But what was exciting was always confidential.
I have a class with Mr. Lowe and Ms. Ybarra,
Some of the hard work they give might even scare ya.
Some people have attitudes that need to be fixed,
Like a witch flyin' on her broom stick.

Wednesday, March 9, 2011

Young Love, Part Deux

I took this note during my enrichment period and then read it silently in front of the class, making lovey-dovey actions that only set everybody else's imaginations off about what was actually in the note:

AH: "Yeah, I'm D's biggest fan but it's like he won't give me a chance!!!!!!!!!

TL: "Chance at what?"

AH: "Being his gurl!!!!"

TL: "U know if he likes u?"

AH: "What do you mean?"

TL (quite plainly): "Does he like you?

AH: "IDK (I don't know, in layman's terms), I dislike rejection!!!"

TL: "So he doesn't like you?"

AH: "Can you ask him or something please? But don't just ask him, say something like I think AH is pretty, don't you think so????"

TL: "I will in math."

AH: "Ok!!! Thanks for being an awsome friend!!!! and after you ask him say you know she like y"

And that's where the mean Mr. Lowe swooped in and took the note like it was nobody's business. I wrote the note verbatim, except for the names, and, boy, was I glad that there was punctuation and only one spelling error. My kids are making progress.

"Wuv, twue wuv, is what bwings us togethaw today."

Friday, March 4, 2011

A Wundrful Theng

One of my students, B, is a gentle giant. She's taller than everyone else, which, to some, may make her intimidating at first glance, but once you speak to her, you realize that she'd rather nurse an injured bird back to health than beat up on a gaggle of hoodrats. She's one of my best students; she never needs me to babysit her or get on her case for not working. She never puts her head down. She never talks back. She raises her hand when something doesn't make sense. She tries and tries and tries again and again and again.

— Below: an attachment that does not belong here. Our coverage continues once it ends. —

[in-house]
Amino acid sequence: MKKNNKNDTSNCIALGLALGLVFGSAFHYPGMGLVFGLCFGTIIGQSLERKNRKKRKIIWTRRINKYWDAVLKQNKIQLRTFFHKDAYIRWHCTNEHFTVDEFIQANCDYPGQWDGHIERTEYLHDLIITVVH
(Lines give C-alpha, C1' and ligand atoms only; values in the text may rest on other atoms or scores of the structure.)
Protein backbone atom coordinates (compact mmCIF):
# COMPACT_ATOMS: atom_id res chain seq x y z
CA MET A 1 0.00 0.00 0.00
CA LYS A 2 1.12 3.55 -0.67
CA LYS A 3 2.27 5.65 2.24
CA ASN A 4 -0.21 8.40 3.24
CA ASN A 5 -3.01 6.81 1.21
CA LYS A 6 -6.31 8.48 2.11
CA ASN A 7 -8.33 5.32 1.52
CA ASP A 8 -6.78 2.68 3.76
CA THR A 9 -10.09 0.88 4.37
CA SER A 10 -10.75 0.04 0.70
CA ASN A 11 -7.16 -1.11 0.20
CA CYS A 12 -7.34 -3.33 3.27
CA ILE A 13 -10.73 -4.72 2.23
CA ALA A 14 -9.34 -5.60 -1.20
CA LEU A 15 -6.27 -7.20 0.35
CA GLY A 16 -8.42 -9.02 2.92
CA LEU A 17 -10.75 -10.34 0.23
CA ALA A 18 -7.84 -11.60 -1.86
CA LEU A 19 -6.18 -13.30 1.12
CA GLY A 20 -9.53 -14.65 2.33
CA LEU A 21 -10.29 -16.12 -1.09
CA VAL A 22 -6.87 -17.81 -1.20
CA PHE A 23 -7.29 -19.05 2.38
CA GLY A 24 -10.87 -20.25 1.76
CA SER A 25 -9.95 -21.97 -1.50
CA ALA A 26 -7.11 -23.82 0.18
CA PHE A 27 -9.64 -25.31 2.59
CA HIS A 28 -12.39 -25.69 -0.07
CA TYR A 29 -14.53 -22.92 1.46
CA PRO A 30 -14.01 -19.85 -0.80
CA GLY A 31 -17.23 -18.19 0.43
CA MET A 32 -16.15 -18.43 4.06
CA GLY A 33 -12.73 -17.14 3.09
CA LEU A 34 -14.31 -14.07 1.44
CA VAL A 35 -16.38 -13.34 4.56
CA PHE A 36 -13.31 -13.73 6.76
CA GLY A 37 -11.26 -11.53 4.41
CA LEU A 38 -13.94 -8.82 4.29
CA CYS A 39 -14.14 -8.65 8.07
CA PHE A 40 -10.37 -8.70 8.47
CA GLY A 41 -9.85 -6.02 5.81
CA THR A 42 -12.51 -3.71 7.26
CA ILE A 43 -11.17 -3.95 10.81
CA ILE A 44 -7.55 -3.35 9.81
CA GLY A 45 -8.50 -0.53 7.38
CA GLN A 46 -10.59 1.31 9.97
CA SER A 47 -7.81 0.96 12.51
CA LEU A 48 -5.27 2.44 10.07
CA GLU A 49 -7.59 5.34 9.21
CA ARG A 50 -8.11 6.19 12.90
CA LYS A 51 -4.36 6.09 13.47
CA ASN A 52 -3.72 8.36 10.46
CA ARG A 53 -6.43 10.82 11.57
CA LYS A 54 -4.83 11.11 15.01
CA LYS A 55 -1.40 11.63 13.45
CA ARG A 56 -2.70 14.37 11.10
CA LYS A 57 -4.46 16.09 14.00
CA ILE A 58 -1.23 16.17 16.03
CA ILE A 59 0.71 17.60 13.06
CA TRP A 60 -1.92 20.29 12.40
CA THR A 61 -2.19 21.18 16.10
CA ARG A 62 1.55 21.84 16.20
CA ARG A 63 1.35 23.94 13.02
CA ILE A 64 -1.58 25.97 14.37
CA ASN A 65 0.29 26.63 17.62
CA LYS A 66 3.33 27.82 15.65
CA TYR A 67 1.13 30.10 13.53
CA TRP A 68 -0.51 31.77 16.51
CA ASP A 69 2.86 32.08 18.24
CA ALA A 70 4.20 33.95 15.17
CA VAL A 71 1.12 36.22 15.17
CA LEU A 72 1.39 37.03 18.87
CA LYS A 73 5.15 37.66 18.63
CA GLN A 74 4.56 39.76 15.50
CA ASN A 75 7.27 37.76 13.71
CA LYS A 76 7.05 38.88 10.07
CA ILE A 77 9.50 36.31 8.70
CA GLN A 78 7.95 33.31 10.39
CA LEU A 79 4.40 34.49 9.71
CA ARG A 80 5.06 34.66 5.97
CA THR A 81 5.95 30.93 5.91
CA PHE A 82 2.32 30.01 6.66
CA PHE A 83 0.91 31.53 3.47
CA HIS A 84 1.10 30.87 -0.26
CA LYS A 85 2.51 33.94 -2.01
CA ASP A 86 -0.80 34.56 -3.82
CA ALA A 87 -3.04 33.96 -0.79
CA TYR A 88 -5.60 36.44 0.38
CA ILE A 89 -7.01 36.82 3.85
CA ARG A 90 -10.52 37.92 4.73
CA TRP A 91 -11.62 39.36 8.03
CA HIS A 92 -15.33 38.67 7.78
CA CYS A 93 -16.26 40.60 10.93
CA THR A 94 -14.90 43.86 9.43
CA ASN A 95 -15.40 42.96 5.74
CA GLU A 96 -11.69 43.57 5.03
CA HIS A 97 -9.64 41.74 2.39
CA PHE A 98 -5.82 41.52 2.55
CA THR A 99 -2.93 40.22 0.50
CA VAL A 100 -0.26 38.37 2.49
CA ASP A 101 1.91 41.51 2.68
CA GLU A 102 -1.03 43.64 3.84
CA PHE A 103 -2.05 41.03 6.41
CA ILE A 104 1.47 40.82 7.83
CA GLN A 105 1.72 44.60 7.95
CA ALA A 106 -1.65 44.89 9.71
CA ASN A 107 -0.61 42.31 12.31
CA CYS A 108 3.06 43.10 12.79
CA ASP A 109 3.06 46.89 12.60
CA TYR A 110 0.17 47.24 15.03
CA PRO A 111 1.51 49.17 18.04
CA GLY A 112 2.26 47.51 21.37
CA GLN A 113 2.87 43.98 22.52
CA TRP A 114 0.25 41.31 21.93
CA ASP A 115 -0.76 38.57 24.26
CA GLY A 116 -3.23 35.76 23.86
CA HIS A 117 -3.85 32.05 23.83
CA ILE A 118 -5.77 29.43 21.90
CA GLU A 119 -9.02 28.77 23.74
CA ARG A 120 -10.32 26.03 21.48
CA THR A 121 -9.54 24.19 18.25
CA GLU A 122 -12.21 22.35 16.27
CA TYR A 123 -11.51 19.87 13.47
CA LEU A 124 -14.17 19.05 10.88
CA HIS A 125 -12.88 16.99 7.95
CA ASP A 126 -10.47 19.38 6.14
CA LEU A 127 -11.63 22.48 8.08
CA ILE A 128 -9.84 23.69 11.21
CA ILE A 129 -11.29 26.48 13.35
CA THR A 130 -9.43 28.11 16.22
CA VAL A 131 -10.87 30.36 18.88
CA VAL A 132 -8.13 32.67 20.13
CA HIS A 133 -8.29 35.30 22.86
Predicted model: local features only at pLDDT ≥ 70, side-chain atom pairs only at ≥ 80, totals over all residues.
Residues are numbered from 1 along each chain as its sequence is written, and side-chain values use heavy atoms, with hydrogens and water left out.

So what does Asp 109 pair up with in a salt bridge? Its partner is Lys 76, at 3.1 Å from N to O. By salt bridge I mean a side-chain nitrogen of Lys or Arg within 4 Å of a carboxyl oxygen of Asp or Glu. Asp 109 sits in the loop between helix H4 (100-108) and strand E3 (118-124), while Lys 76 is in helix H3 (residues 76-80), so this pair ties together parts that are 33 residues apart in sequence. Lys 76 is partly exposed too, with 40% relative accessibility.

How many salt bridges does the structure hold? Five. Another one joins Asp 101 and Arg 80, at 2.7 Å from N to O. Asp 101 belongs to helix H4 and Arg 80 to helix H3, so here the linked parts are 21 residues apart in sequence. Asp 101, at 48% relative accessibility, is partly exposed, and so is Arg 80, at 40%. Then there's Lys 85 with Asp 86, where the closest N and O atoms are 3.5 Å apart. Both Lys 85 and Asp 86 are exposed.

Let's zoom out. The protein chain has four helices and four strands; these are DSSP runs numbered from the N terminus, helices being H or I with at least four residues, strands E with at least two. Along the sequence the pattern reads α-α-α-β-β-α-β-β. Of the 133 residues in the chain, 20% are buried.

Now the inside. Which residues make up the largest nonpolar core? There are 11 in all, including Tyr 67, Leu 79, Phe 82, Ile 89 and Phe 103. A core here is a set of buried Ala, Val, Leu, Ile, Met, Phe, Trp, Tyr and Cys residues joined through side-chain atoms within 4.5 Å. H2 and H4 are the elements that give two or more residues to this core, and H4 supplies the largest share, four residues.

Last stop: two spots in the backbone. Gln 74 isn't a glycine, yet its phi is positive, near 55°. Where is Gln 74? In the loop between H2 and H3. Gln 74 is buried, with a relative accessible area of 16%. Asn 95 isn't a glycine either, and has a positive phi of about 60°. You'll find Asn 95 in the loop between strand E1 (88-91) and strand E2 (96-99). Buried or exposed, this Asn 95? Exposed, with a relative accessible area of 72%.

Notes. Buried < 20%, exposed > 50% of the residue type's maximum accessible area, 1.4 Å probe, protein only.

But she's dyslexic.

This caused her to be put into my inclusion class, which is a form of special education, or remediated learning. She can't spell very well at all, so people automatically think that she's not bright when they see her writing. But she is. She's so bright. And she's come a LONG way since the beginning of the year. I've worked with her on her spelling, and if you can get past the spelling errors, you'll find that what you just read is pretty great for her age. I spelled the title of this post, "A Wundrful Theng," to emphasize the fact that, although something is spelled wrong and not perfect on the surface, it can surprise you what is inside, and it's the same with B.

She also loves - no, admires - no, worships - no, would-just-in-front-of-a-train-just-to-see-one-more-game - the Memphis Grizzlies, our NBA team. They're having a contest where a Memphis student can submit an essay about his or her favorite teacher. I was very honored that B wrote this:

She's such a hard worker that she's coming into Saturday School tomorrow so that we can clean it up and type it to send in to the Grizzlies. I'm not the only one that's helped, so I wish she would've written it about all her teachers. Ms. Ybarra tosses math at her like it's nobody's business. I can hear Ms. Dugas, from across the hall, squawking (for humor's sake) stuff about the legislative and executive branches. Ms. Riser teaches her how to love the arts and, thus, life. It's a team effort, but she's benefitting from it.

Our gentle giant.